Voinovich School of Leadership and Public Affairs graduate students Alexandra Sargent and Awa Sall — in collaboration with Scott Miller’s Principles of Zero Waste course, Ohio University Campus Recycling, and the Appalachia Ohio Zero Waste Initiative — are proud to present the Voinovich School Race to Zero Waste, held in Buildings 19, 21 and 22 throughout the month of March.
The Race to Zero Waste is a campaign to upgrade the Voinovich School’s waste management system to a zero waste structure. To that end, organizers have established:
- Zero Waste deskside systems with small trash bins attached to large blue recycling cans. Mixed recycling includes all paper, bottles, cans, #1-#7 plastics, plastic bags, cartons and cardboard together — no sorting required. Common trash items include Styrofoam, Mylar chip bags and many granola bar/energy bar wrappers.
- Compost bins in every break rooms. Compostable items include all food waste, napkins, and paper towels. Paper towels, tissue paper and napkins should be composted rather than recycled; the wood fibers in these products are so small that they do not recycle well.
- Paper towel composting in the rest rooms. It is imperative that these remain paper towels only. Small trash bins remain in the restrooms for hand wipes, personal items and other landfill materials.
- Cabinets for hard-to-recycle items in every building. Batteries, lightbulbs, electronics, toner cartridges, and DVDs and CDs can be placed in these cabinets.
The Race to Zero Waste is a pilot program of RecycleMania, a friendly competition to promote waste reduction that began as a match between Ohio University and Miami University and has expanded to hundreds of colleges across the United States and Canada. The Voinovich School is one of 12 schools nationwide that has agreed to take on the Race to Zero Waste challenge to test how user-friendly these methods are in a university office environment. This model has proven successful at other universities across the country.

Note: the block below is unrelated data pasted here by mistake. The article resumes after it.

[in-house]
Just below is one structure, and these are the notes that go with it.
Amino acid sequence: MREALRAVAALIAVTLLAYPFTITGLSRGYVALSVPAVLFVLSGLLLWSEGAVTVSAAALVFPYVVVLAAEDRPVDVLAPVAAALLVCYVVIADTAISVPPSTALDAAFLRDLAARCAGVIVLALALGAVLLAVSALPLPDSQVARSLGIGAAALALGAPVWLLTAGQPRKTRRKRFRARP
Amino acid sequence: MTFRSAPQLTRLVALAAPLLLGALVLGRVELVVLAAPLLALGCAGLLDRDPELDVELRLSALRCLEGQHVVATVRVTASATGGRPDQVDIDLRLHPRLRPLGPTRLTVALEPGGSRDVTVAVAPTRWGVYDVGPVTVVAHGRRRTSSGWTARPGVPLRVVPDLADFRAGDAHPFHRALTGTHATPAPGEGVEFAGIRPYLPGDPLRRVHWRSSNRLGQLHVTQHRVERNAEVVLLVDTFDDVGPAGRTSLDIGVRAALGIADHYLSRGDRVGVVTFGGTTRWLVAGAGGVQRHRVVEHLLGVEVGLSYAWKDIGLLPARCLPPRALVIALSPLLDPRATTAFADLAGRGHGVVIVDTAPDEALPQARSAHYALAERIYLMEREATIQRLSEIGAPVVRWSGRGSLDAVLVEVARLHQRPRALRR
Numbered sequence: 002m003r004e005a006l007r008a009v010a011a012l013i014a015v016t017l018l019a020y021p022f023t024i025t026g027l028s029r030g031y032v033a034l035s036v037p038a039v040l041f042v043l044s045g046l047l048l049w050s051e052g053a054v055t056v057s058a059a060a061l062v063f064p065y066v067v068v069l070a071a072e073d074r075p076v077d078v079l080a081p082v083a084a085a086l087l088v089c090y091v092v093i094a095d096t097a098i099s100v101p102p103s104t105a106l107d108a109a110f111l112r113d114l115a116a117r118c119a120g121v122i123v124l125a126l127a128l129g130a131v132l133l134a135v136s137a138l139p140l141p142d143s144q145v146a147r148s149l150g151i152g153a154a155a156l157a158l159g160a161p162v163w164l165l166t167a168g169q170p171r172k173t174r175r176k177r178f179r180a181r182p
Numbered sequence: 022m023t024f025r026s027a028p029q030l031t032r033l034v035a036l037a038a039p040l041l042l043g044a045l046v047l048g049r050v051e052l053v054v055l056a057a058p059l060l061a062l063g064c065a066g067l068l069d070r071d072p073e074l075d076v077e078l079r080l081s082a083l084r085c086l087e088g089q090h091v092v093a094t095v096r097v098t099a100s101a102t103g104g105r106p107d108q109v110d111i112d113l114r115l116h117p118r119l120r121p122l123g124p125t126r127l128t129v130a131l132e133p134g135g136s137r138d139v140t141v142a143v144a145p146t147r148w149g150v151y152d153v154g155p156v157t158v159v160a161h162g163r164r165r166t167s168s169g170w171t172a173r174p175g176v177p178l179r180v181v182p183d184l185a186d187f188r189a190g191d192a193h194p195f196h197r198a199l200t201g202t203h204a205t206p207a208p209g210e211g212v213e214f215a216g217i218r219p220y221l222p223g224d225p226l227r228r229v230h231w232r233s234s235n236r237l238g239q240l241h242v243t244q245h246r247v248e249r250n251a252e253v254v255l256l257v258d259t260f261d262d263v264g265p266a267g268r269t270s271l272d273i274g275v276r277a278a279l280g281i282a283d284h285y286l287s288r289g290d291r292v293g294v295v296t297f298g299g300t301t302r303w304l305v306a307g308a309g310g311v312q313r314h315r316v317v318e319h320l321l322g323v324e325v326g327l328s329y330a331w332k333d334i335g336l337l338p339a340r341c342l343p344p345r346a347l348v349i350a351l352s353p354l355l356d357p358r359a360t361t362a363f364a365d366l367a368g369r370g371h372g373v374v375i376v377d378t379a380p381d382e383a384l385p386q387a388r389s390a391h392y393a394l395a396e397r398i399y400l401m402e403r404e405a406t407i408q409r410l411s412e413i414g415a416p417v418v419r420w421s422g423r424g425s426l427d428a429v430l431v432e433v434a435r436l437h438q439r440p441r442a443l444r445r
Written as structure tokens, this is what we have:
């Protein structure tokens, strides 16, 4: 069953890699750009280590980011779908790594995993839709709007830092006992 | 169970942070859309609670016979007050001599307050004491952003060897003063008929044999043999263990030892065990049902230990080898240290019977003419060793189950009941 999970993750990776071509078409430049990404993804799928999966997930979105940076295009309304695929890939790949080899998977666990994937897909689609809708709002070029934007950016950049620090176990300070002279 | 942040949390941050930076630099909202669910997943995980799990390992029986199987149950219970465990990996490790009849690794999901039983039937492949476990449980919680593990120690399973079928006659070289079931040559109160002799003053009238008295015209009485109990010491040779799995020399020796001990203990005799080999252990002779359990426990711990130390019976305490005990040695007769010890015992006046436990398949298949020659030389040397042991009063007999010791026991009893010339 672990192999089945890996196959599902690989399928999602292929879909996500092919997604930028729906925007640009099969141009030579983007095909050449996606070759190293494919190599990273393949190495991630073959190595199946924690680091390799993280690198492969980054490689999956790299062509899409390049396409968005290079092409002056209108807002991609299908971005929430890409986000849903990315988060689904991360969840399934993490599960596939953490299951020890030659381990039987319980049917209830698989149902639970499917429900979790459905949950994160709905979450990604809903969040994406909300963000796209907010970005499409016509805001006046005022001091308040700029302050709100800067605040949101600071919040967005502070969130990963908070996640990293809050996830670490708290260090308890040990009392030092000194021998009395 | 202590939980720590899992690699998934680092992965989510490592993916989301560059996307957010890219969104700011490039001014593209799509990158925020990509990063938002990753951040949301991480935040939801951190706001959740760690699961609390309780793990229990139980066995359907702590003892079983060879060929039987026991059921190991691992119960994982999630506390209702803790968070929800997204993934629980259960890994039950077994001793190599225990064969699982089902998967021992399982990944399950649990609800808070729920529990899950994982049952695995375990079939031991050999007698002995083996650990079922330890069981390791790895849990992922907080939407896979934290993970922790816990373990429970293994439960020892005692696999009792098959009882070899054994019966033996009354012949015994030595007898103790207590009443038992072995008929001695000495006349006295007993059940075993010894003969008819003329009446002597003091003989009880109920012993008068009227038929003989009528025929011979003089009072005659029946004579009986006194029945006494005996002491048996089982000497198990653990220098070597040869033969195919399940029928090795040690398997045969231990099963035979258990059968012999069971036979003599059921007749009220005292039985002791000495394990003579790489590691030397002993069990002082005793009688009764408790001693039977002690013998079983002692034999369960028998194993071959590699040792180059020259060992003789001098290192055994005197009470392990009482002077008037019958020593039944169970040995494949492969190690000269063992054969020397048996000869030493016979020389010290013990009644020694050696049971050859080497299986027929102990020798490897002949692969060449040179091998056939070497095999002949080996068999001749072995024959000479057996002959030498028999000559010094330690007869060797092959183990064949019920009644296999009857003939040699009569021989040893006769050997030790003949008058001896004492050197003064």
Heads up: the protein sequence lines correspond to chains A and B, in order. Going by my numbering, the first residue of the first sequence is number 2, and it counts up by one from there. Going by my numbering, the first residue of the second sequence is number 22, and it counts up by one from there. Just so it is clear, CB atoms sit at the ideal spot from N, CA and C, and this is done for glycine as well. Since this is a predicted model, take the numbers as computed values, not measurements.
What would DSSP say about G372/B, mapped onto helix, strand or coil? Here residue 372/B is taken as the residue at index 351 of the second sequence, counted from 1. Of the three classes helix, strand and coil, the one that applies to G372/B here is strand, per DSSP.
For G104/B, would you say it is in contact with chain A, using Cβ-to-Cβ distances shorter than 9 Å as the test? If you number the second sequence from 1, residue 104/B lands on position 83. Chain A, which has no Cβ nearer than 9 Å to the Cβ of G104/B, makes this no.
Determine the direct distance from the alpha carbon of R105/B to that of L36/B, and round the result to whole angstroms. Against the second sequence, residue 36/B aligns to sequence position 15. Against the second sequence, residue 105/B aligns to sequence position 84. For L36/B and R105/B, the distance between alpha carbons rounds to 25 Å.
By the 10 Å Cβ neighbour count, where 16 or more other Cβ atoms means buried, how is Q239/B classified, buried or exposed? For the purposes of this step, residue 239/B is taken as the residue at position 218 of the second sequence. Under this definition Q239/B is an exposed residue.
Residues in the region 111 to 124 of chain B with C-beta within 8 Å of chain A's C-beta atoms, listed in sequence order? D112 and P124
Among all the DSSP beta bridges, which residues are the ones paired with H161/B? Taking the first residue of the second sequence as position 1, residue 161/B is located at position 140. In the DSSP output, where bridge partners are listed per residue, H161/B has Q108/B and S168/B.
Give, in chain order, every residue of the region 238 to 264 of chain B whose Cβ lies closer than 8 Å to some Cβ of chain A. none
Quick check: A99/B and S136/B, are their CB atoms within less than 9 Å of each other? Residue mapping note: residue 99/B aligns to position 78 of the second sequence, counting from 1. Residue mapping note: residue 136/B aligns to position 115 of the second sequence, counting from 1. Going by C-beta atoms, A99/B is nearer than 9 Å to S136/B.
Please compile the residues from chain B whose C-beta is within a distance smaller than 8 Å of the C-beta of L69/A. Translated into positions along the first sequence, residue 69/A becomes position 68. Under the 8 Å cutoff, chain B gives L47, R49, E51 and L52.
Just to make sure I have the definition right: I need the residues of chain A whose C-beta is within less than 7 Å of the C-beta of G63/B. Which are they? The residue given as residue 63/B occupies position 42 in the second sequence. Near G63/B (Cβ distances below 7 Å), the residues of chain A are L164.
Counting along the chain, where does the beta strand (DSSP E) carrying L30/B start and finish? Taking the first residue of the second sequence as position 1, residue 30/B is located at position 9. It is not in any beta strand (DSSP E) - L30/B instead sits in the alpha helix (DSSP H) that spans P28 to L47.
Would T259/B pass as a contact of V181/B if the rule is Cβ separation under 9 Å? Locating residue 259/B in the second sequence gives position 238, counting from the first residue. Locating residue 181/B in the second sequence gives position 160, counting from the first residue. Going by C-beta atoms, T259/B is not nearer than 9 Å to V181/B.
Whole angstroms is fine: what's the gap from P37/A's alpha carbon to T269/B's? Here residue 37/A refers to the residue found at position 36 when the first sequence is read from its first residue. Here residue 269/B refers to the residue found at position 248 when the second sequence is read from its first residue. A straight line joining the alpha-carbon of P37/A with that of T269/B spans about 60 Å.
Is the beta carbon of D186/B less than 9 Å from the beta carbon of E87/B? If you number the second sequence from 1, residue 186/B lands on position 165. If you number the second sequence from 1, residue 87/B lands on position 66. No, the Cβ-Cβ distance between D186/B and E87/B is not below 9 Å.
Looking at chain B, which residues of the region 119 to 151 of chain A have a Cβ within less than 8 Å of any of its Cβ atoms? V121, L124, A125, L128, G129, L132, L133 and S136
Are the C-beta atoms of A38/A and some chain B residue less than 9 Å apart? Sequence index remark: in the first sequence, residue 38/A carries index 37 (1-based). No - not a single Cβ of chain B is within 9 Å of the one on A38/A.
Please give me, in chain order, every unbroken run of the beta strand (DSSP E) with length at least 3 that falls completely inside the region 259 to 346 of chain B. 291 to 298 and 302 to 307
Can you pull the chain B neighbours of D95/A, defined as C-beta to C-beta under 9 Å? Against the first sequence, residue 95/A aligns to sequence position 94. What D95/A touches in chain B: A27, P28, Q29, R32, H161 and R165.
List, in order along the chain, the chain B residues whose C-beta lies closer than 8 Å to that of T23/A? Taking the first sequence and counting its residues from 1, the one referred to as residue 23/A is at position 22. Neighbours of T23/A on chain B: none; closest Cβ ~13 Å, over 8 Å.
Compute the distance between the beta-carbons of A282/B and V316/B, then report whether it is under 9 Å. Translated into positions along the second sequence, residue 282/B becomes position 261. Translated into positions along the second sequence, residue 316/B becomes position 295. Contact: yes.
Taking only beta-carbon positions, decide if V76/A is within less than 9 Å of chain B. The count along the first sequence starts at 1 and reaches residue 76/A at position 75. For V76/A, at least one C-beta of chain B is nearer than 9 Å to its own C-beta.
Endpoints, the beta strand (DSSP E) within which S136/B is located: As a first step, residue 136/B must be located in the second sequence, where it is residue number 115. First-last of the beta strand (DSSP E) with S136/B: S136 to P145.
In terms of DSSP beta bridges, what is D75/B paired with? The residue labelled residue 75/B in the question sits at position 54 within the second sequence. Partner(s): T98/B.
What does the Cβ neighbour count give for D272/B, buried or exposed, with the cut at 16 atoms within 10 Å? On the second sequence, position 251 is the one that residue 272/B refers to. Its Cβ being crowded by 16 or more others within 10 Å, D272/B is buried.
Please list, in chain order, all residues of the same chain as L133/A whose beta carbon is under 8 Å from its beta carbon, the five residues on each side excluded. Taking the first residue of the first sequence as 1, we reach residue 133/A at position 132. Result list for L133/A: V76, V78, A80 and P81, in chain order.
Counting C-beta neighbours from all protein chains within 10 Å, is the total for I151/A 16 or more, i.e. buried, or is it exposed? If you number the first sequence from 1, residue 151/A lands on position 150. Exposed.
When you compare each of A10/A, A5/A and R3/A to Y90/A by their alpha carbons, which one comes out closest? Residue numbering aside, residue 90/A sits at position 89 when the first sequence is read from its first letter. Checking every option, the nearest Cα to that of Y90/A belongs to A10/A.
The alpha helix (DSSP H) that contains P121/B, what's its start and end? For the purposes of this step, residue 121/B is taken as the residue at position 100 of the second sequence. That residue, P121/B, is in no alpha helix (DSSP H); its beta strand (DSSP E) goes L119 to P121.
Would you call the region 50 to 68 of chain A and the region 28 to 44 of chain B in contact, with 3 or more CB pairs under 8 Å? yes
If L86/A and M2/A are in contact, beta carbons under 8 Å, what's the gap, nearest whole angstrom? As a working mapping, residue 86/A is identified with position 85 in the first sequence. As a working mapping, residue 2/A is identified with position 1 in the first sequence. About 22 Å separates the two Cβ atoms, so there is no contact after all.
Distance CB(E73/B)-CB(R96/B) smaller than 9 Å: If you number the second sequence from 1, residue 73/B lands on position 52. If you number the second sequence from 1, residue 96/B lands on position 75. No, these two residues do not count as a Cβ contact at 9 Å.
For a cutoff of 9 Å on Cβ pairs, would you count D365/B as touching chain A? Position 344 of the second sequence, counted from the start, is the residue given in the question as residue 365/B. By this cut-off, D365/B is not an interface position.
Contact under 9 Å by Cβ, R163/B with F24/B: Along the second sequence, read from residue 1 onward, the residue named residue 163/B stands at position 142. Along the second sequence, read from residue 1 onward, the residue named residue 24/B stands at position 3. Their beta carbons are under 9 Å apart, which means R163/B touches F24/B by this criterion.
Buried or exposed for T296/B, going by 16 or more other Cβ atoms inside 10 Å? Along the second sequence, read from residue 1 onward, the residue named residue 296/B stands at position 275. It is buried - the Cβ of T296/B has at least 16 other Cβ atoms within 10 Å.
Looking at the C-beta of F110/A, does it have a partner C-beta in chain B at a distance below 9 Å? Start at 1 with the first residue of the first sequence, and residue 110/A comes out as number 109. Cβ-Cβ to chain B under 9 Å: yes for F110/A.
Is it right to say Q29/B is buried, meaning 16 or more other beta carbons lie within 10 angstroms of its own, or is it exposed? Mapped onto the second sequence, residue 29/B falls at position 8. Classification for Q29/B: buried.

Zero waste is an attainable goal at the Voinovich School. Preliminary audits of waste produced in Buildings 19, 21 and 22 have shown that the Voinovich facilities are currently recycling at a 66 percent recovery rate, yet 92.8 percent of waste currently generated at the Voinovich School is recyclable or compostable. At this time, anything above a 90 percent recovery rate is considered success in RecycleMania’s Race to Zero Waste. Given this data, and continued waste reduction efforts, organizers believe that rates of 95 percent or higher are genuinely achievable.
Voinovich School faculty, staff and students are encouraged to provide their input on this initiative. Those who have not already filled out the internal survey on zero waste perceptions and attitudes are encouraged to do so here. Follow up surveys and a case study will be produced at the end of the four-week pilot period. Once demonstrated successful, the model may be implemented incrementally across all Ohio University departments and academic buildings.
Watch for new articles on the Race to Zero Waste every week in Impact & Innovation, with topics such as paper reduction strategies, the OHIO Sustainability Plan and Green Event Guide, and home recycling methods.
The Voinovich School collaborates with community partner Rural Action on the Appalachia Ohio Zero Waste Initiative, a project funded by the Sugar Bush Foundation, a supporting organization of the Ohio University Foundation.